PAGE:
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'Camelot' a musical marvel at 50

September 24, 2010|By James Famera

For 50 years, the legend of King Arthur has been dazzling stage audiences, with no signs of slowing down. Now the Glendale Centre Theatre has taken a turn with "Camelot" and has done quite an impressive job in its rendition.

Those who are old enough to remember often associate Camelot with the Kennedy administration, as it later became known that the president would listen to the soundtrack before settling into bed. Thus it seems fitting that in 2010, with a president who draws a considerable amount of comparisons to Kennedy in office, that "Camelot" would again be popular.

Of course, the story of "Camelot" has been beaten into our cultural consciousness via books, movies, radio and TV. I'm sure there's even a video game or two based on King Arthur and his knights of the round table. Yet it's "Camelot" the musical, complete with songs that are still catchy a half-century later and a story that is timeless enough to be enjoyed by all ages, that people continue to fall in love with.

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At its core, is a story about the torments of Guenevere (Victoria Strong) and Lancelot's (Kelby Thwaits) forbidden love affair. "I love you," Lancelot tells her, "God forgive me but I do." "God forgive us both," Guenevere replies. "Will they, or won't they?" is the question most will ask, having already known the answer. At the center of it all is Arthur (George Champion), Guenevere's loyal husband and Lancelot's greatest supporter. Arthur suspects that something has gone afoul in his and Guenevere's relationship but at first turns a blind eye. Once Guenevere's infidelity is confirmed, however, Arthur wages war against Lancelot and his adulterous wife.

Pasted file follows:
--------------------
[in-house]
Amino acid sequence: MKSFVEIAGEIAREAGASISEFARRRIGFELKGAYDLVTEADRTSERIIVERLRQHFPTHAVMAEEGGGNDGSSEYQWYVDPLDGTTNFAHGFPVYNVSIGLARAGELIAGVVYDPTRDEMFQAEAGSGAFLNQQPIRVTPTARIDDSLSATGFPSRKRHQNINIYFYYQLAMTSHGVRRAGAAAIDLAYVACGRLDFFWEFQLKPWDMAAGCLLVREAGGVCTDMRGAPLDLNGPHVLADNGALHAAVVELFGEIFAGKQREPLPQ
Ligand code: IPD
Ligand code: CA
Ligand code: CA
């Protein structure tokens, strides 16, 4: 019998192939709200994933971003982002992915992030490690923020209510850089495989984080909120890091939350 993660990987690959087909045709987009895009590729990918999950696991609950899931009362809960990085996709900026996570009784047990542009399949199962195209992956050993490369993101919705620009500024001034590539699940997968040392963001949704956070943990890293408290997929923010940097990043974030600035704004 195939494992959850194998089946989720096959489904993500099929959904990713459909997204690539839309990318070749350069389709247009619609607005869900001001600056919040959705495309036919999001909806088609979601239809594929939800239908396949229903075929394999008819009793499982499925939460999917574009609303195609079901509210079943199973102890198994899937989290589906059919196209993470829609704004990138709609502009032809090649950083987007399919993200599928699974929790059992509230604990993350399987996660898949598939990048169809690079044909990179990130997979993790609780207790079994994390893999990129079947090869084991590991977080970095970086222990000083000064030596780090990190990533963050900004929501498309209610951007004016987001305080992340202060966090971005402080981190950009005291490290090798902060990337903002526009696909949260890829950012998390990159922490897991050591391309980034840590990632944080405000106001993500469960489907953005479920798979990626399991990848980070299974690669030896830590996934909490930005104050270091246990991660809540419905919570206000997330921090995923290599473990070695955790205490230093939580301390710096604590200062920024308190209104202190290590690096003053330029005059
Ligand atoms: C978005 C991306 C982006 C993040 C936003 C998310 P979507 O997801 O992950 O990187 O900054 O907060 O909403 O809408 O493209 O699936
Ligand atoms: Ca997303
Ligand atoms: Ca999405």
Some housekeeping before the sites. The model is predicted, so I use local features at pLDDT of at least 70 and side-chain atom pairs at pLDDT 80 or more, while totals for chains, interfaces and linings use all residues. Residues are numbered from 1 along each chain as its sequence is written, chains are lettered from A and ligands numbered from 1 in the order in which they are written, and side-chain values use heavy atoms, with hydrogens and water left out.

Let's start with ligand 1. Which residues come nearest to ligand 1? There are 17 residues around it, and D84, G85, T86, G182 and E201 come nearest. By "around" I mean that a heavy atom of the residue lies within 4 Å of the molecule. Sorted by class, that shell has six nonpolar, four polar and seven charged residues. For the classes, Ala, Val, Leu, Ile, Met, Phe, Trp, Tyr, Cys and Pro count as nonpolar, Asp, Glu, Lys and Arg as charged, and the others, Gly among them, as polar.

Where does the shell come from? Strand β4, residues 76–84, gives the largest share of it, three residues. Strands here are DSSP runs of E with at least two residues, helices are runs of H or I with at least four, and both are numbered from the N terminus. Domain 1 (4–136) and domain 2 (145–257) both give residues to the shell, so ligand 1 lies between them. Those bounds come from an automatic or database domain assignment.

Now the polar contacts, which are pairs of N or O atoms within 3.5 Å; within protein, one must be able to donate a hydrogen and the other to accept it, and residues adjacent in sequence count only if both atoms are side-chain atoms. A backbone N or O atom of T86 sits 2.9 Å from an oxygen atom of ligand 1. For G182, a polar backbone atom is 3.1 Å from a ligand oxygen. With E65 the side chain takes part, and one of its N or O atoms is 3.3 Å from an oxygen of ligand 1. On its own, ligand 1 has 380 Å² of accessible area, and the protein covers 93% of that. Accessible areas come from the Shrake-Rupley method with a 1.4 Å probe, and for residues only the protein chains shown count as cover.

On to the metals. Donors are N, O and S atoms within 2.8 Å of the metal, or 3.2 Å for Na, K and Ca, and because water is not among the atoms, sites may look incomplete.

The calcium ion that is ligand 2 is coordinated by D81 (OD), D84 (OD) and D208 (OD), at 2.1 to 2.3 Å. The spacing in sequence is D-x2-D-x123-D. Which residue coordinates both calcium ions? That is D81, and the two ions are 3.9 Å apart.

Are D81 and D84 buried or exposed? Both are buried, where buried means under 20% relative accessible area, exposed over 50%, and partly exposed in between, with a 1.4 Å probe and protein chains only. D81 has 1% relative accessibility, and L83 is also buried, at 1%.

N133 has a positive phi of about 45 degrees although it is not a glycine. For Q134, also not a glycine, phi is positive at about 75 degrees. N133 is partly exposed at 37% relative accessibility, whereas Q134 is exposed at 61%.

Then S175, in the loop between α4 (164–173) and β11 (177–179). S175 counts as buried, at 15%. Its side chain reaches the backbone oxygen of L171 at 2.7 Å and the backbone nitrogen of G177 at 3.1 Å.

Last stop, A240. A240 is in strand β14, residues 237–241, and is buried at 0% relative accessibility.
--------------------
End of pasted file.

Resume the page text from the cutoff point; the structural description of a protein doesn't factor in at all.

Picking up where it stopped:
Watching a period play at the Glendale Centre Theatre is always a treat because you can be sure that the staff will be attired in authentic clothes from that era. Given the Old English theme, I was ushered to my seat by a gentleman wearing a puffy white shirt and shabby knee-high brown slacks. He looked like a throwback from the days of Robin Hood when men with pointed shoes and straw hats played classical guitar for dancing villagers.

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